A collection of more than 2500 immune-related genes was manually curated from the literature and experimental resources (Supplementary Data 2). Specifically, the list includes immune checkpoint and immunomodulatory genes, genes involved in the MHC machinery and microsatellite instability, cytokines and chemokines93,94,95, gene markers for metabolic reprogramming93,96 and oncogenes or complexes that can affect the tumor transcriptional and immune landscape, such as EZH2–PRC2 chromatin remodeling complex members and BAF/PBAF complex members97,98. We also incorporated significant genes from hypothesis-free CRISPR–Cas9 screens for CD8+ T-Cell effector function54,55 and in vivo screening of transplantable tumors in mice treated with immunotherapy56. In addition, we included the Urea cycle (GO:0000050) and Mismatch repair (GO:0006298) Gene Ontology terms, the list of Human DNA repair genes from Lange et al.99, and the following entries from the Kyoto Encyclopedia of Genes and Genomes (KEGG): MAPK signaling pathway (hsa04010), PI3K-Akt signaling pathway (hsa04151), Wnt signaling pathway (hsa04310), JAK-STAT signaling pathway (hsa04630), Antigen processing and presentation (hsa04612). Finally, the list comprises more than 250 genes from signatures associated with response to ICI50,51,52,53.

MPRA pool design

A MPRA was performed with eQTL variants in eGenes included within the curated cancer-immunology gene list that had a nominal p-value lower than 1e-5 (Supplementary Data 3). The nominal p value threshold was higher than that for other downstream eQTL analyses to allow the capture of causative effects by less common variants, such as rare somatic eQTLs. A pool of 19220 150 bp-long oligonucleotides (oligos) was synthesized commercially (Twist Biosciences). Each oligo contained the reference or alternative allele of the eQTL variant in the middle flanked by 50 bp of reference transcriptomic sequence on either side. In the case of eQTLs residing in alternative transcript isoforms, oligos were synthesized for all possible transcripts. For eQTLs that were close to the end of the transcript a random sequence was added to bring up the length of the sequence to 101 bp. The random sequence was the same in all oligos and was selected to lack any predicted 7 or 8 bp-long RBP and miRNA-seed binding sites.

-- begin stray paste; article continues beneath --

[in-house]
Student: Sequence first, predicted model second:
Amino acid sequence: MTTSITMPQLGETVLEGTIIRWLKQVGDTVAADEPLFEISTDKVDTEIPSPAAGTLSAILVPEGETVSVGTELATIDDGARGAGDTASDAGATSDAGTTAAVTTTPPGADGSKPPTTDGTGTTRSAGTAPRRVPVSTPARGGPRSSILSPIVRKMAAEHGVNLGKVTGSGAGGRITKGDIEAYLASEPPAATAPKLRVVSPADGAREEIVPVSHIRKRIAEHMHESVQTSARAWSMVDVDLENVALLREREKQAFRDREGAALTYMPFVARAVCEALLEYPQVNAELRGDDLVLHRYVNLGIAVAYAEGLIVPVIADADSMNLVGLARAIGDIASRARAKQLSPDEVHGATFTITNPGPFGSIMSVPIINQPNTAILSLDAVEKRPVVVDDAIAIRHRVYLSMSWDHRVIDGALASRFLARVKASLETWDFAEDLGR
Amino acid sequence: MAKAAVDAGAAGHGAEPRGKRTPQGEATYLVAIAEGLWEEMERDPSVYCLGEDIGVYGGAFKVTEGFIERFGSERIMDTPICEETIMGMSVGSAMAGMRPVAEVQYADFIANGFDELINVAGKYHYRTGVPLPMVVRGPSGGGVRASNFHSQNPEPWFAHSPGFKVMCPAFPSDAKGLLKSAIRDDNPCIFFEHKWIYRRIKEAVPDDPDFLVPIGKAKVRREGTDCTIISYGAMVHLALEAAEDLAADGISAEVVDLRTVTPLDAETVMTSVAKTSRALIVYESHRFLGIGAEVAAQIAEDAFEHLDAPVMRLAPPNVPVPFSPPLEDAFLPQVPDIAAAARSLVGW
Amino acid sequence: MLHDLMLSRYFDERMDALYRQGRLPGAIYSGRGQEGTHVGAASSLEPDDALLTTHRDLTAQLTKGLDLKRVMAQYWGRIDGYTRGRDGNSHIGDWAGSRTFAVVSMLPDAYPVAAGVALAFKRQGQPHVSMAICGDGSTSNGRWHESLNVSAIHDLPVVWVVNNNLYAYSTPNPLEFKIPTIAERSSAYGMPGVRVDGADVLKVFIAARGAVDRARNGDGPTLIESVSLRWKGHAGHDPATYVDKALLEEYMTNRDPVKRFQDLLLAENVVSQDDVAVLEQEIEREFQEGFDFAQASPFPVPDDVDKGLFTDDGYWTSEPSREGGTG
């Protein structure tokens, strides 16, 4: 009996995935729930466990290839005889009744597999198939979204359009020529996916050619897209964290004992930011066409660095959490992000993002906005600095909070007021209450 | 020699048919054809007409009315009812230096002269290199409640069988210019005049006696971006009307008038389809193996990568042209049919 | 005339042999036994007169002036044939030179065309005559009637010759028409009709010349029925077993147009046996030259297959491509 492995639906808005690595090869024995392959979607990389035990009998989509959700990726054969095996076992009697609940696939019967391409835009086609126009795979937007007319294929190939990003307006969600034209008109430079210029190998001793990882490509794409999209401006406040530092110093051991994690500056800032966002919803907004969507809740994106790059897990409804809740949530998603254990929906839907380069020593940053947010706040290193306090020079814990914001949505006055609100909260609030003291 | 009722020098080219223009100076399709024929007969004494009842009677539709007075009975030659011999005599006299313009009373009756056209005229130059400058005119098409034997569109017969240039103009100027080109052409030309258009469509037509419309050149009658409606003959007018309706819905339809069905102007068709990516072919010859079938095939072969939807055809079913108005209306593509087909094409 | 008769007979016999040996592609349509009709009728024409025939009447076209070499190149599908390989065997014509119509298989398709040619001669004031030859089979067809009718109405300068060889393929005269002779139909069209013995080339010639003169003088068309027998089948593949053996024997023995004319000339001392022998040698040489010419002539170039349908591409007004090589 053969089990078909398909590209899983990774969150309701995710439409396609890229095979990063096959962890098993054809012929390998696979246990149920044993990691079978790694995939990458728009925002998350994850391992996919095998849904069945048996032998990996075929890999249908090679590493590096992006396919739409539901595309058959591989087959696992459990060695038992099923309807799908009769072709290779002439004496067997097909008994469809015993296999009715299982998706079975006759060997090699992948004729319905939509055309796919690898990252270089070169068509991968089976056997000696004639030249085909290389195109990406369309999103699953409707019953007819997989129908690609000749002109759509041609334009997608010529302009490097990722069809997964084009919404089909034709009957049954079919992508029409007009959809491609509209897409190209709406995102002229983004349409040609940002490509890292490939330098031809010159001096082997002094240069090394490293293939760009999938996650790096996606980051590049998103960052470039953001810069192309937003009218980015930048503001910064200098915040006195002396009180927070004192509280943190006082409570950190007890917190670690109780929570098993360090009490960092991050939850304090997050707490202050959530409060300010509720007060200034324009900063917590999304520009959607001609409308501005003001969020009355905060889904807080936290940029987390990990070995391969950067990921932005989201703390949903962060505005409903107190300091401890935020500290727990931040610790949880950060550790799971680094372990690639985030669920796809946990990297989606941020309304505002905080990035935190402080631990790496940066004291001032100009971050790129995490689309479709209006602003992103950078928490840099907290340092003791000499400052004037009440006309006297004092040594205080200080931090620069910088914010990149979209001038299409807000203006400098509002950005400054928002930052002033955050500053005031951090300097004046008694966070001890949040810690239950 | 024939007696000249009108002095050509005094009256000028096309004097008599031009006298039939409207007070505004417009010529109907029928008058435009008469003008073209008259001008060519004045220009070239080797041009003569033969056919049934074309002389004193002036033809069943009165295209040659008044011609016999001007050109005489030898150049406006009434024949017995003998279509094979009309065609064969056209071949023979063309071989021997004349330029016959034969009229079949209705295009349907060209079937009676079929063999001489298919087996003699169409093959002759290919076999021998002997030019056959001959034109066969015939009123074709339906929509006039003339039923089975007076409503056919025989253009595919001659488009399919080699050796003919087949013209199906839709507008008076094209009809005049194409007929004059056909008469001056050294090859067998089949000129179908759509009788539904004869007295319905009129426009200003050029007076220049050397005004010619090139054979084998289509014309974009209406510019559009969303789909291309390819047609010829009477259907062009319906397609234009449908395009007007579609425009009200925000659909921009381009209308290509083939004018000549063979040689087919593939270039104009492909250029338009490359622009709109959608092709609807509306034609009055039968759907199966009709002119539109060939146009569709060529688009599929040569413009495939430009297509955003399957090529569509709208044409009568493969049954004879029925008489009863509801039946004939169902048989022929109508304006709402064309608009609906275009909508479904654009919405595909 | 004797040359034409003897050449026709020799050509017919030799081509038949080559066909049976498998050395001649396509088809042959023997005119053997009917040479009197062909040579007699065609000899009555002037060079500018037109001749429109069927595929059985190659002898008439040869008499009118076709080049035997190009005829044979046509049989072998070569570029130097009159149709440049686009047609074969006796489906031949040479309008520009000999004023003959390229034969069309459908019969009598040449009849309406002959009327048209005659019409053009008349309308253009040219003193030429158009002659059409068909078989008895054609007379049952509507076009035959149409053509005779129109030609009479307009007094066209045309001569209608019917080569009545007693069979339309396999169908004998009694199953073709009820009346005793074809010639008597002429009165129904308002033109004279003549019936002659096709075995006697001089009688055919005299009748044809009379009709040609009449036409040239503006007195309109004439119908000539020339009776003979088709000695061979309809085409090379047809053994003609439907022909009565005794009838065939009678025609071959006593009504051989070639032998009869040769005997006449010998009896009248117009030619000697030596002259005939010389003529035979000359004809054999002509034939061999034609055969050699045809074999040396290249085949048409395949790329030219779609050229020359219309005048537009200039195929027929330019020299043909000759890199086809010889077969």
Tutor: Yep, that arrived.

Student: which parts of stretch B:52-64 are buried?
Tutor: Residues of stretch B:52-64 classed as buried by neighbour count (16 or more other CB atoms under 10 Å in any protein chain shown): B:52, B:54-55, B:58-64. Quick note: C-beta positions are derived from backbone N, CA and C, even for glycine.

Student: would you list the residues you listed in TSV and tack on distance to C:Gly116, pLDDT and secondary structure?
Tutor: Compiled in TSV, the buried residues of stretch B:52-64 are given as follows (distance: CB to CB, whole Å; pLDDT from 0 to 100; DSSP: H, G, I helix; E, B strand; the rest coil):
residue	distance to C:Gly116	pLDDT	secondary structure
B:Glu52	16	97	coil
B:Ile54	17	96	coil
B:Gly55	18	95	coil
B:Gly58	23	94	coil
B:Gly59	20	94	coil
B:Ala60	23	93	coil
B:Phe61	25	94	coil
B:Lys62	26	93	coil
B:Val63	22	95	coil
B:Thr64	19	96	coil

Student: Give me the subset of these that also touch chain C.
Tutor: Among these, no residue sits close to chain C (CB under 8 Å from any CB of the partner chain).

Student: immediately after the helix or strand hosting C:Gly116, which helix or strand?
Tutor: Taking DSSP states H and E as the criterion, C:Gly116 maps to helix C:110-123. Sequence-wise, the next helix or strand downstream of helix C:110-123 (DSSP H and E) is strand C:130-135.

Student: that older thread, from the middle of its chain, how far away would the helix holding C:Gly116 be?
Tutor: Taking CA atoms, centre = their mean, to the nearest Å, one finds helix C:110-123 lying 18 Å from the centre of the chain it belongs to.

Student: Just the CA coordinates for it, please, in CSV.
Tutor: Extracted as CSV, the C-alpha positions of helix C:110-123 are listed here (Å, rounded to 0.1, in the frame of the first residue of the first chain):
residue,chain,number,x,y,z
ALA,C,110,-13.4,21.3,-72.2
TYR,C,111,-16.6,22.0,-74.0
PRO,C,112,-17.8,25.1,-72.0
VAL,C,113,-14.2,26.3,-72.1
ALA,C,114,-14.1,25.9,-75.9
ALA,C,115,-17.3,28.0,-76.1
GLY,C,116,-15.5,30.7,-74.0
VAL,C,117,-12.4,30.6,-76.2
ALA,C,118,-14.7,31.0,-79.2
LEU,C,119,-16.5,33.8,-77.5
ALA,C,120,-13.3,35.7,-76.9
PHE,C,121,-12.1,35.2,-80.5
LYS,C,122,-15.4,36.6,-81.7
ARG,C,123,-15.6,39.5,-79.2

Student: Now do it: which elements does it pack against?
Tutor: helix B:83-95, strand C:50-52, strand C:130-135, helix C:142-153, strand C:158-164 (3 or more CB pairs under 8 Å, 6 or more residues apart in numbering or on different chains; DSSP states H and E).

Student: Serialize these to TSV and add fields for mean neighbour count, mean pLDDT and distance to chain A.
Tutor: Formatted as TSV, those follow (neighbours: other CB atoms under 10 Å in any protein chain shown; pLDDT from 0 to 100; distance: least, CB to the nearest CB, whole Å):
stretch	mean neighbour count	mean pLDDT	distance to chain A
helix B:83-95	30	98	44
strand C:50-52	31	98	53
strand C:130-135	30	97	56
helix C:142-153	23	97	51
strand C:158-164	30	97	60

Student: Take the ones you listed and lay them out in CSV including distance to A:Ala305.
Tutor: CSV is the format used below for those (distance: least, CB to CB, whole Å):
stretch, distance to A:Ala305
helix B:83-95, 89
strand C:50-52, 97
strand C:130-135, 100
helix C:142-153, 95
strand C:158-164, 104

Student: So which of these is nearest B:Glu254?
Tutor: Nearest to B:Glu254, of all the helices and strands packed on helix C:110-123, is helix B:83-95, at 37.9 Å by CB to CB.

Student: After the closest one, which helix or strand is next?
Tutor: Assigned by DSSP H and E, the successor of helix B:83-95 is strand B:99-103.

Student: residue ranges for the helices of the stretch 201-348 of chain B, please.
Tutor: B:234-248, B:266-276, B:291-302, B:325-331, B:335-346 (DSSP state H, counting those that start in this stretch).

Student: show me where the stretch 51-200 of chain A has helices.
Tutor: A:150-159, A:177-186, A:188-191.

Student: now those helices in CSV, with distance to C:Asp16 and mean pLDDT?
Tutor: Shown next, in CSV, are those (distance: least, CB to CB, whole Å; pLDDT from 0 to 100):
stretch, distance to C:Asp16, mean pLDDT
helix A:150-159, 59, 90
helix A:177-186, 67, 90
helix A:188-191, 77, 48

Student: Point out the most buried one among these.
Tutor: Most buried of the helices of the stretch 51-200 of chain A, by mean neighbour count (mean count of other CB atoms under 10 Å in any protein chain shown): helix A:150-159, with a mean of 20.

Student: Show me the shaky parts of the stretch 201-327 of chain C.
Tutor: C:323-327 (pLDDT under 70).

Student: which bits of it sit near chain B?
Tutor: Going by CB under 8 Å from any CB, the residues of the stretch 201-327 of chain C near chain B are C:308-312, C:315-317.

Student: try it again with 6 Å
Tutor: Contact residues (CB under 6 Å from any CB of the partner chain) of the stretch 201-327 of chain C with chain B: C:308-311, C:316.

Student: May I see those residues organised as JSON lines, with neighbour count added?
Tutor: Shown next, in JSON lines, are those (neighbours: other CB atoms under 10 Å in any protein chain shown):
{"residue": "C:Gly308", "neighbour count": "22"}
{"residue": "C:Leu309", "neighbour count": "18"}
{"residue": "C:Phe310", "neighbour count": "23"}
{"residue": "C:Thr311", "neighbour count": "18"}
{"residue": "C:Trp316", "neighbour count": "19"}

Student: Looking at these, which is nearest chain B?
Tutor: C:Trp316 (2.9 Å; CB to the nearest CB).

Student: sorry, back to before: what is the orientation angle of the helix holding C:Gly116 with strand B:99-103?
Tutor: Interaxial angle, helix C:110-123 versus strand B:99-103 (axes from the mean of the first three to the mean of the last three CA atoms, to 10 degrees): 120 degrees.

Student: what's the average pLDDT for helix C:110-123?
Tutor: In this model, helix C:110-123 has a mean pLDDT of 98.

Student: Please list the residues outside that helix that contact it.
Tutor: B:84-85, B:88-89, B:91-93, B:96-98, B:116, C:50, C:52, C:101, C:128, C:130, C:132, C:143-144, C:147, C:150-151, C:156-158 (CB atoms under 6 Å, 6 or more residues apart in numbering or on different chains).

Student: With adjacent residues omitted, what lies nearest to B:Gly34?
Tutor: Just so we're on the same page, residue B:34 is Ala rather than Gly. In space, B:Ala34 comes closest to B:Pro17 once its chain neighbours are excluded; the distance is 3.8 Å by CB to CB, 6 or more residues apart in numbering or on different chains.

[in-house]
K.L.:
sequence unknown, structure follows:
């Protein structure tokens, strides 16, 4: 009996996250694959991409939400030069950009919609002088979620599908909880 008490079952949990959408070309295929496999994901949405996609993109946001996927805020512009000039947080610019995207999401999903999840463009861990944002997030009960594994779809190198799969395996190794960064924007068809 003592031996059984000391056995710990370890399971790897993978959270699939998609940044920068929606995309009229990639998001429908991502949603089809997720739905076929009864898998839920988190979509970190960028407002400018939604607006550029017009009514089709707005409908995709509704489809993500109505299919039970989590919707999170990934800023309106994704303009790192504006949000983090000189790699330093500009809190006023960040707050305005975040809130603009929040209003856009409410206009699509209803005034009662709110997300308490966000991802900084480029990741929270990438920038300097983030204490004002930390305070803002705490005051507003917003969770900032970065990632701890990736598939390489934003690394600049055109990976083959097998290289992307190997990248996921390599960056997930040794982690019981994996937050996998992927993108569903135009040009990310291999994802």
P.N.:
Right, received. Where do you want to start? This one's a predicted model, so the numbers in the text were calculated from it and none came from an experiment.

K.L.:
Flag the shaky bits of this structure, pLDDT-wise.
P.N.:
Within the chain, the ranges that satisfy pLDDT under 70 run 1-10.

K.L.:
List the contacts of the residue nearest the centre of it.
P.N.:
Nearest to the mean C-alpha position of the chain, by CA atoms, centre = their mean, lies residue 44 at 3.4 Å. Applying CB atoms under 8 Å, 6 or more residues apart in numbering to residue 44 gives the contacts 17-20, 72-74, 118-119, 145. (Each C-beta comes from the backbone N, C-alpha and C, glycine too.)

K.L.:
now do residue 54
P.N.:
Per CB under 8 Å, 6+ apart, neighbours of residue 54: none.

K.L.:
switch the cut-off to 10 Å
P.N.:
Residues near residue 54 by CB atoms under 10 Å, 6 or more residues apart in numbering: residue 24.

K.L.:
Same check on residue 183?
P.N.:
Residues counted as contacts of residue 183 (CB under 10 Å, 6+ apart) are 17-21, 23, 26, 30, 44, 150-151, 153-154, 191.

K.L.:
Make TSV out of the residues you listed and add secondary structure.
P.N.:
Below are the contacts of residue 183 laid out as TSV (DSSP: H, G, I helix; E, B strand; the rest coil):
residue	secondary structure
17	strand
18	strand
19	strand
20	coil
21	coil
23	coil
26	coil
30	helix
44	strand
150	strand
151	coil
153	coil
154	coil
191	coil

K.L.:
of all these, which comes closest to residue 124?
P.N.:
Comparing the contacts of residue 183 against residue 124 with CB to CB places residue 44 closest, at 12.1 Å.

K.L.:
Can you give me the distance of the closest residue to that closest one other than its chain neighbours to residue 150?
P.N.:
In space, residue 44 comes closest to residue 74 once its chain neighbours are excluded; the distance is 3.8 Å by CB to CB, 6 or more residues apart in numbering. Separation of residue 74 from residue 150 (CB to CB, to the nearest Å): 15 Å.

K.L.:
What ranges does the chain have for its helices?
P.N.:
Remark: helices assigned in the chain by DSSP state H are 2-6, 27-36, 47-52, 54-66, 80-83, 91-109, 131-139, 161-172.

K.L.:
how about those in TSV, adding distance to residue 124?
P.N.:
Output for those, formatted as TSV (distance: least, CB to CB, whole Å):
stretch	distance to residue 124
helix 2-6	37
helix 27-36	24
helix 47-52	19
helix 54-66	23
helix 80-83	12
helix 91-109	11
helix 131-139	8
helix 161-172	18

An 8 bp-long barcode was added at the 3′ end of the 101 bp-long sequence. Each allele was represented by 10 unique barcodes. All 8 bp barcodes that matched RBP or miRNA seed binding sites were removed100,101. Finally, 20 bp sequences were added on either side of the oligo that matched the 5′ and 3′-end sequences of the XhoI-/NotI-digested psicheck2 vector (Promega, C8021) to allow cloning with the NEBuilder HiFi DNA Assembly kit (NEB, E2621S).

Pool amplification and cloning

Amplification of the pool, prior to cloning, was performed using 0.5 μM of each of the PCR_lib_fwd and PCR_lib_rev primer pair (Supplementary Data 5) with the NEB Next High-Fidelity 2x PCR Master Mix (NEB, M0541L). The following PCR conditions were used: 98 °C for 30 sec, 20 cycles (98 °C for 10 sec, 63 °C for 10 sec, 72 °C for 15 sec), 72 °C for 2 min. The amplified oligo pool was introduced into a XhoI-/NotI-digested psicheck2 vector using NEBuilder HiFi DNA Assembly kit (NEB, E2621S), as per the manufacturer’s protocol. The assembly reaction product was purified following a standard isopropanol precipitation protocol, as described in Joung et al.102. The purified plasmid pool was transformed into Endura ElectroCompetent cells (Lucigen, #60242-1) at 50 ng plasmid per 25 μl of bacteria ratio, following the provider’s protocol. A total of 8 transformation reactions were pooled together and plated onto large 15 cm LB Agar plates at 37 °C for 12 h. A large enough number of colonies to ensure at least 500 colonies/oligo representation was harvested directly from the LB Agar plates and the plasmid pool was purified by performing at least 2 midipreps per 15 cm LB Agar plate, using the Qiagen Plasmid Plus Midi kit (Qiagen, #12943).

MPRA transfection and library prep